The Serverless Monolith: An Easier Way to Get Started
Keep It Simple, Listen to Customers, Grow as Demand Requires It
As we start with serverless, it is easy to fall into the perfectionist trap of context-less best practices.
“Surely”, one might think, “if all these serverless experts are going full-on with microservices, event-driven architecture, and overly complex data models, then I should be doing the same!”.
As we’ve said before, many of those best practices heavily depend on context.
There is an easier way to get started. Some call it a serverless monolith, although it’s not exactly like a monolith, at least not in the way most people understand it.
We’re going to call it a serverless monolith anyway, just to make our life easier.
What Does a Serverless Monolith Look Like?
Here are some things that a serverless monolith doesn’t care about:
Who owns which tables: in a serverless monolith, every Lambda can access any table, regardless of the domain. If I need X, and table Y has it, I’m going to query the table directly and use the data as I see fit.
Event-driven or asynchronous communication: just like in most basic monolithic systems, each Lambda can call any other service (including other Lambdas 😱) in sequence. It’s okay for the response to take a few extra milliseconds.
The best and coolest way to design a DynamoDB table: in the world of serverless monoliths, a table for each entity will do just fine. If I need data from multiple tables, then querying two or even three different tables at once is perfectly acceptable.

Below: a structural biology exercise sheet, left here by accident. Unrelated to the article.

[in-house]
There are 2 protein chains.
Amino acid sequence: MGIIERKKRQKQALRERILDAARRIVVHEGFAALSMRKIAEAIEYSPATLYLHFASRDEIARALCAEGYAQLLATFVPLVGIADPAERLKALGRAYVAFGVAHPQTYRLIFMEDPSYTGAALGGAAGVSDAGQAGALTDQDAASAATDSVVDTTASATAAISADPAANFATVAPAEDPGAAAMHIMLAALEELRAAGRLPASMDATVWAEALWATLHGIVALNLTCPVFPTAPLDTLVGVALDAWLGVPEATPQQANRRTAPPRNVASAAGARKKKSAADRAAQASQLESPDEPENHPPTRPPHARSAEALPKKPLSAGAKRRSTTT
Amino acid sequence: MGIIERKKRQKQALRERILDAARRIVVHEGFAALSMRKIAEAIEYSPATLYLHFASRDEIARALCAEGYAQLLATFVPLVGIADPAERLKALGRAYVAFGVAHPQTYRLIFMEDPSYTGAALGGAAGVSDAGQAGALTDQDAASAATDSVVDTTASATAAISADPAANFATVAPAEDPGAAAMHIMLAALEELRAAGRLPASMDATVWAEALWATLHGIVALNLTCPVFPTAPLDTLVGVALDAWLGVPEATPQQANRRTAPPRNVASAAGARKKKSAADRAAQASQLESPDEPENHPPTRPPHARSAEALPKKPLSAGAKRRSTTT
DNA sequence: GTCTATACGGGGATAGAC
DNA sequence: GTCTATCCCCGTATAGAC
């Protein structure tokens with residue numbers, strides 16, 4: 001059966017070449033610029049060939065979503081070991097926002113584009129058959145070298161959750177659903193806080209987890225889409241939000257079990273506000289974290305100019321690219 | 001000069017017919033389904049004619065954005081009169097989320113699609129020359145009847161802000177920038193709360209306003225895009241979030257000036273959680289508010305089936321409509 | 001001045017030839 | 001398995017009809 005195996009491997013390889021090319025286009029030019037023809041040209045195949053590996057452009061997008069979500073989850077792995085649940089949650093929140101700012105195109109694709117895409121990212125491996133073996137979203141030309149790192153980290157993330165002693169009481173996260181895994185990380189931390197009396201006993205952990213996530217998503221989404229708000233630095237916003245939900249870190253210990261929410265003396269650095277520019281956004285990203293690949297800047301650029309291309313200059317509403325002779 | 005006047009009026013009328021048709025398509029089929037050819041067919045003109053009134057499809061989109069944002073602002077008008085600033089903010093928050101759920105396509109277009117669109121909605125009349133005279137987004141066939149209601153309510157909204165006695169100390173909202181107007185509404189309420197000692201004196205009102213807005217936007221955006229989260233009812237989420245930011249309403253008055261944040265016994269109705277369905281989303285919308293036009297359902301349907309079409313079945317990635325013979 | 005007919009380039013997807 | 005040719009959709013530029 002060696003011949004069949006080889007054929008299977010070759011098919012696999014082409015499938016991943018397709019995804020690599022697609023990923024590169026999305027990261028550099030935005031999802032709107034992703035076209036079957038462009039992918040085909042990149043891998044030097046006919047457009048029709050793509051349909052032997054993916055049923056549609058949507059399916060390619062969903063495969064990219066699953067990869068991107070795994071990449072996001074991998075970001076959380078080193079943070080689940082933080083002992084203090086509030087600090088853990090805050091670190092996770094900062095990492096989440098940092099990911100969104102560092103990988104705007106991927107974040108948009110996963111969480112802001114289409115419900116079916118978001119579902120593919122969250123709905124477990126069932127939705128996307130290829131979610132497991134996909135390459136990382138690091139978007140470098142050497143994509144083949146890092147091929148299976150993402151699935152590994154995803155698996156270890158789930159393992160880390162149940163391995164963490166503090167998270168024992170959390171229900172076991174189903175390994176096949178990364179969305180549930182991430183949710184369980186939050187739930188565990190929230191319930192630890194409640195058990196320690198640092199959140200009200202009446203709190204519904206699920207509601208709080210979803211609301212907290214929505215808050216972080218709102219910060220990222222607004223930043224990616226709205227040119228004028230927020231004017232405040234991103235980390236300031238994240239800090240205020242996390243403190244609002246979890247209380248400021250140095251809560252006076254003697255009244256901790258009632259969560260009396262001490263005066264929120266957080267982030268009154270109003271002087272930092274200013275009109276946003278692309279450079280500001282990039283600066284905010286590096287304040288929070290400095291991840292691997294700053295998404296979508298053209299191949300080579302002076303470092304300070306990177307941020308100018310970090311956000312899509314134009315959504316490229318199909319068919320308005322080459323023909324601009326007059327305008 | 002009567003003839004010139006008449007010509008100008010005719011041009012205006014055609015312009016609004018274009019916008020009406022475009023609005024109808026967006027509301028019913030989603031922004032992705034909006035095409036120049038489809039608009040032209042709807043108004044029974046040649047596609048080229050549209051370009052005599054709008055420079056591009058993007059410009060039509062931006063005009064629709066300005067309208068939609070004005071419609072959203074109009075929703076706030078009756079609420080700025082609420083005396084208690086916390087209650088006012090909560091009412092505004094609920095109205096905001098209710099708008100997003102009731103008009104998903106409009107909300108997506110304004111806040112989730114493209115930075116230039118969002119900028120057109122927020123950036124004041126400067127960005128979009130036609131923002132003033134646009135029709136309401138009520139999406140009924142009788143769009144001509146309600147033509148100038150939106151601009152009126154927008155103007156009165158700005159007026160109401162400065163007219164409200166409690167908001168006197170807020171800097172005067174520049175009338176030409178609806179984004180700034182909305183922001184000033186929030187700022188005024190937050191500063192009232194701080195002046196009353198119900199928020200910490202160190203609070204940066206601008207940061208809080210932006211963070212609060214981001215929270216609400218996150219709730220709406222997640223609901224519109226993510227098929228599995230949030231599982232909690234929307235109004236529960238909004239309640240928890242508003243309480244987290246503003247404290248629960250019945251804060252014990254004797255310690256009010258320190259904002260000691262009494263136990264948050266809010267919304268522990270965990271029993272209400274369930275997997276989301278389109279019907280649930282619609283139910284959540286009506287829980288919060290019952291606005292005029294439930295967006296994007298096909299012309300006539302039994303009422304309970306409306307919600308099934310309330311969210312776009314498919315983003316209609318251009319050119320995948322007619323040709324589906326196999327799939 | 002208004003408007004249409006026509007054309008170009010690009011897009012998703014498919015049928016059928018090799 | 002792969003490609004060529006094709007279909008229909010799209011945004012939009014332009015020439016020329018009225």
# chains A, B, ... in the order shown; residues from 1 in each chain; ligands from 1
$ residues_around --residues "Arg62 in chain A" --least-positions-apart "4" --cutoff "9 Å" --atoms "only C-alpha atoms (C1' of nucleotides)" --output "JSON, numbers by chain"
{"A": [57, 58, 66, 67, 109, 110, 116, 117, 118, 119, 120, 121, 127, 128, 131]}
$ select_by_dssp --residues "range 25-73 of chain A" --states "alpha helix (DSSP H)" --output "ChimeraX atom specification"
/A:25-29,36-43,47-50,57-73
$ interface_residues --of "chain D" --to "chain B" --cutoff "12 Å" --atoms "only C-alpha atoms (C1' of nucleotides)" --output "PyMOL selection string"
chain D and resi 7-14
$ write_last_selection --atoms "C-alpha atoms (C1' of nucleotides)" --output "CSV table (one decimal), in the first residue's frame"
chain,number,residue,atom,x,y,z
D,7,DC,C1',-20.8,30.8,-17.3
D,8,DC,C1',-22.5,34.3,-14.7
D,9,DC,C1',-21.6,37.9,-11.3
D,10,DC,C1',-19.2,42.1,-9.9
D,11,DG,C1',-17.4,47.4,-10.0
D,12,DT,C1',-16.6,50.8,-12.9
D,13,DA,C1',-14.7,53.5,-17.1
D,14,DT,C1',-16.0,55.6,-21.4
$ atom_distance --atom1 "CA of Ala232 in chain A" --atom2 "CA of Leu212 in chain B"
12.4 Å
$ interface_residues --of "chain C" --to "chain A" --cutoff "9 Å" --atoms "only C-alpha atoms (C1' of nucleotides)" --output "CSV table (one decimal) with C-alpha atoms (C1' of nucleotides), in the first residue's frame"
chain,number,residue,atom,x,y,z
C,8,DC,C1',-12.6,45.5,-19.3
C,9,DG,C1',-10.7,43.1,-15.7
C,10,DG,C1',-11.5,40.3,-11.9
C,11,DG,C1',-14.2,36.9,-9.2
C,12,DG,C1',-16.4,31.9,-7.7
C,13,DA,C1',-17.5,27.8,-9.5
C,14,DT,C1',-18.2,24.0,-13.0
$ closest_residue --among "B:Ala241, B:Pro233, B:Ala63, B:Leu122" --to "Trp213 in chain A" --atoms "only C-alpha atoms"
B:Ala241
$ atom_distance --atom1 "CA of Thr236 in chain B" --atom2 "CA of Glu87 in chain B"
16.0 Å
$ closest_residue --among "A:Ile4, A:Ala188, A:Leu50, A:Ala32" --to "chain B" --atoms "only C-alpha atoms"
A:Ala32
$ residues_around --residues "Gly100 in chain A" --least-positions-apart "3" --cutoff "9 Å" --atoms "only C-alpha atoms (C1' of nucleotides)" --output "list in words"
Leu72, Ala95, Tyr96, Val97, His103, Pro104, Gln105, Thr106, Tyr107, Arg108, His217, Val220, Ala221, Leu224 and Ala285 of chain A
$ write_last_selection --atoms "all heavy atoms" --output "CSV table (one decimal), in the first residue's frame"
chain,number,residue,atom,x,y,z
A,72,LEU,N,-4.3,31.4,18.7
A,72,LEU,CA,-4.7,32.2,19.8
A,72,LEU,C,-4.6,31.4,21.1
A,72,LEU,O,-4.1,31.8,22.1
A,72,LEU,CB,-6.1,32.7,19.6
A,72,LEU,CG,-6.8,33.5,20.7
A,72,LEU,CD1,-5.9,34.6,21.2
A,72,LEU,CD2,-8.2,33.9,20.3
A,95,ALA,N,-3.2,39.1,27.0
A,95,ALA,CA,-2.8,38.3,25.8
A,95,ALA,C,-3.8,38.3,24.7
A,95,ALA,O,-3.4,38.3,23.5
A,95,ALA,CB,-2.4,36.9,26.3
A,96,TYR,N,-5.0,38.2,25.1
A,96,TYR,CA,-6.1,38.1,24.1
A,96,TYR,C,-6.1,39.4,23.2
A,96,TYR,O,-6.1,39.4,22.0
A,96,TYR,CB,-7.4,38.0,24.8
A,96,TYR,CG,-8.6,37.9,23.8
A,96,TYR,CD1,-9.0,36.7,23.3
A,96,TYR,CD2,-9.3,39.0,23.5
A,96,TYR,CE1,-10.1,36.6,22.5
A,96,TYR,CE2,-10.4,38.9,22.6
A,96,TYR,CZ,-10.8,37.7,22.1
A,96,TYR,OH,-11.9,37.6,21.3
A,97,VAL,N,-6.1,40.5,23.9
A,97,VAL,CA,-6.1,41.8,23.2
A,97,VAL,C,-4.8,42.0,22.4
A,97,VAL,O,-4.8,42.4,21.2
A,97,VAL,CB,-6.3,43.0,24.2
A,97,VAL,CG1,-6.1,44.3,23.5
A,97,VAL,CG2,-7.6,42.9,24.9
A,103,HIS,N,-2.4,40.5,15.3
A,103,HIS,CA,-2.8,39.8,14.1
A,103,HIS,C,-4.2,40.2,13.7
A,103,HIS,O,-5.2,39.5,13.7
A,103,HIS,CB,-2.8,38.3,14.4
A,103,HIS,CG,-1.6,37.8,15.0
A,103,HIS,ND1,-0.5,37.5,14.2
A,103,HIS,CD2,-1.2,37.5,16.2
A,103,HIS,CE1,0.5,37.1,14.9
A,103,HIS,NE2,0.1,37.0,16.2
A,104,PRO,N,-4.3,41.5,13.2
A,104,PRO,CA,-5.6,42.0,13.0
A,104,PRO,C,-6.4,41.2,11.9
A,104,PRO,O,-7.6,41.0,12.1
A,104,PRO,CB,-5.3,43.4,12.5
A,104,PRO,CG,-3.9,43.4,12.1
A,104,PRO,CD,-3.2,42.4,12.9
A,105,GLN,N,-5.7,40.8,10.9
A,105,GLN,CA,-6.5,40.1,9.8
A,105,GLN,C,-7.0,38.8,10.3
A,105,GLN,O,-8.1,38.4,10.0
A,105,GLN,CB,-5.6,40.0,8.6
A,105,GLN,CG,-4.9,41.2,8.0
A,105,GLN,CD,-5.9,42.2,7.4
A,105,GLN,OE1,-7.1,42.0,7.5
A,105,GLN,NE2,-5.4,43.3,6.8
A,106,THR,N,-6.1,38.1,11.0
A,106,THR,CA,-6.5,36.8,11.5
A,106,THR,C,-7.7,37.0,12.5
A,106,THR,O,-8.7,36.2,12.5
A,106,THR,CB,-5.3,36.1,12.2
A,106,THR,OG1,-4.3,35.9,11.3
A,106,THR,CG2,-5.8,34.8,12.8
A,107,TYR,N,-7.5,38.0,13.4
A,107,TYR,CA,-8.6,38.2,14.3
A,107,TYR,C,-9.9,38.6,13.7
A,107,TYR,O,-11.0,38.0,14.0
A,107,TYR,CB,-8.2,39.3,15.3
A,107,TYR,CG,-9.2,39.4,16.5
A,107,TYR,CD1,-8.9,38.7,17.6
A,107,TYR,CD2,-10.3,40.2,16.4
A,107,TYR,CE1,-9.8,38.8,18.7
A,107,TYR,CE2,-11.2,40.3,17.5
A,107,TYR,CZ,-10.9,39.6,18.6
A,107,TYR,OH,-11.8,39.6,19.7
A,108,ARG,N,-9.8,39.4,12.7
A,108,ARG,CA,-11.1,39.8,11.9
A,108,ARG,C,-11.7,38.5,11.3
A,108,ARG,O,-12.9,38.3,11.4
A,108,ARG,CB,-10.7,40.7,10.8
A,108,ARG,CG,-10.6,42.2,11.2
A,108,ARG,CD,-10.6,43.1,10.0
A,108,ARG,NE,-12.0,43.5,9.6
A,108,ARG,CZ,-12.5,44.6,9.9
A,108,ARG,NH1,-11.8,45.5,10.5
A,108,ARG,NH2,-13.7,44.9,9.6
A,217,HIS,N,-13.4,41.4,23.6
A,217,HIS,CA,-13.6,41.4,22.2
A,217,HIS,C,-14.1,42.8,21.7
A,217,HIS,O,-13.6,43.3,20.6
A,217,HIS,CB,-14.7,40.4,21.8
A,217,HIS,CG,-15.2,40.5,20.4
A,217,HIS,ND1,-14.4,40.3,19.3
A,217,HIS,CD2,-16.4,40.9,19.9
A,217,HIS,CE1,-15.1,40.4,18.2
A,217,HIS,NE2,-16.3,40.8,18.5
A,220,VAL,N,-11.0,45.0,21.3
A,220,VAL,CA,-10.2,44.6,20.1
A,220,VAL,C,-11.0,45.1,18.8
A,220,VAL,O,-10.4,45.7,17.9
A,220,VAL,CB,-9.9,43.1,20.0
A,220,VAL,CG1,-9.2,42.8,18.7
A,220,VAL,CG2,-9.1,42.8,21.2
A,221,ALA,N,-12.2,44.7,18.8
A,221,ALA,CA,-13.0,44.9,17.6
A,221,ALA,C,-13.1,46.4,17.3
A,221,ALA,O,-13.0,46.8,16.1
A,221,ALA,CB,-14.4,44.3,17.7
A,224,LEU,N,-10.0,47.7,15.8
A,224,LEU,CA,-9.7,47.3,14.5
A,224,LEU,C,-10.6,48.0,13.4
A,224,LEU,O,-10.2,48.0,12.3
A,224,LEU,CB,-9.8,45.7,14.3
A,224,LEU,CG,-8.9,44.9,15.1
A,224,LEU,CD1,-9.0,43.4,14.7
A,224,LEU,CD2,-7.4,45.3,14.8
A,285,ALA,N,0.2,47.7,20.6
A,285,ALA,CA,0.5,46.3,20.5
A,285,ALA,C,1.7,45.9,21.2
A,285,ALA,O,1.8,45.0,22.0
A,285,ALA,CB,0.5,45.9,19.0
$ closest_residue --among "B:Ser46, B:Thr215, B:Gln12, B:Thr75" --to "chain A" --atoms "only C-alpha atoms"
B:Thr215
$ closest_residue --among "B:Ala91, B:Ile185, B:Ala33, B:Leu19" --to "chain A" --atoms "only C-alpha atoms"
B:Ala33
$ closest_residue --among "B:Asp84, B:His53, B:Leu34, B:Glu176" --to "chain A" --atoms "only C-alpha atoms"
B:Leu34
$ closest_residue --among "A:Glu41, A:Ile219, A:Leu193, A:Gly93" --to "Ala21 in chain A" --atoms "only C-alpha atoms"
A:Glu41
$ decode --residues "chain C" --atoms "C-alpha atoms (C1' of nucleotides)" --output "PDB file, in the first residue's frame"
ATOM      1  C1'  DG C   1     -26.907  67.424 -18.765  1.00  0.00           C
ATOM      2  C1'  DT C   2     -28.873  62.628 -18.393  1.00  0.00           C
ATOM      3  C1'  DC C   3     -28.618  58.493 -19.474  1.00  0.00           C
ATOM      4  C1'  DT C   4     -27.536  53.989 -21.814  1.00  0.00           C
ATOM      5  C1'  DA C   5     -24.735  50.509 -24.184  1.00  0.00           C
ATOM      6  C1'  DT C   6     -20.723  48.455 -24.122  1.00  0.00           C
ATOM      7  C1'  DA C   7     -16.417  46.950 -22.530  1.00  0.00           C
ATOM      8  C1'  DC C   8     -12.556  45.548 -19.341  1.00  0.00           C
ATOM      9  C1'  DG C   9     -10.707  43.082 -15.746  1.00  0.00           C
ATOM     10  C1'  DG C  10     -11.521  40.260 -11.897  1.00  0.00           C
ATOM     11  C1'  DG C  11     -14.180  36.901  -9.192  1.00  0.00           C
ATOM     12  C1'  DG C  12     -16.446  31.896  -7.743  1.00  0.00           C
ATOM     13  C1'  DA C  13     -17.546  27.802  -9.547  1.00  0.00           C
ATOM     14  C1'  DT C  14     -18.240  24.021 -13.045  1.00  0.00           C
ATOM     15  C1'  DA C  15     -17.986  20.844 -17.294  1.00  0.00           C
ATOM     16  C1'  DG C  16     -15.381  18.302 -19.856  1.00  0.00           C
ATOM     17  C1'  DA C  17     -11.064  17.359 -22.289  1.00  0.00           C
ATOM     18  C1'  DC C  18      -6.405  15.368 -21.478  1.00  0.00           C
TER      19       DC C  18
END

While this is still a far cry from an old fashion monolith (and thank goodness for that), it resembles it in some surprisingly comforting ways.
For example, in a simple monolithic application, I don’t need to care about microservice domains and resource ownership. I have the code, and I have the database. If I need something, I make a query and use the data as I see fit.
The same can be said about asynchronous communication. Sure, some advanced monoliths make room for some event-driven communication. But it’s not how I would start a monolith-based project. Asynchronicity is not a default pattern in the same way as when working with microservices.
And, of course, most modern monolith frameworks come with their own ORM. This implies that in most small to medium monolithic projects, developers don’t bother thinking about scalable data modelling and access patterns. They simply create a new table for each business entity that is needed in the codebase, regardless of the fact that performance will not be optimal.
Who Should Use a Serverless Monolith
Personally, I am not a fan of the serverless monolith. I have spent most of my career building highly scalable, distributed systems. But I have come to appreciate that it is a process and that you can get there one step at a time.
It is often a good idea to hit the ground running with a simple application that looks something like a serverless monolith.
As the application grows, both user feedback and internal metrics become available to make more informed decisions. At that point, parts of the codebase can be split into domain-based systems; services used by endpoints that require a faster response can be turned into event-driven resources; tables can be optimised based on known, real-world access patterns.
Trying to get everything right from the outset can lead to premature optimisation. It risks delaying useful value that could be delivered to potential customers. In most cases, a more iterative and agile approach is to be preferred.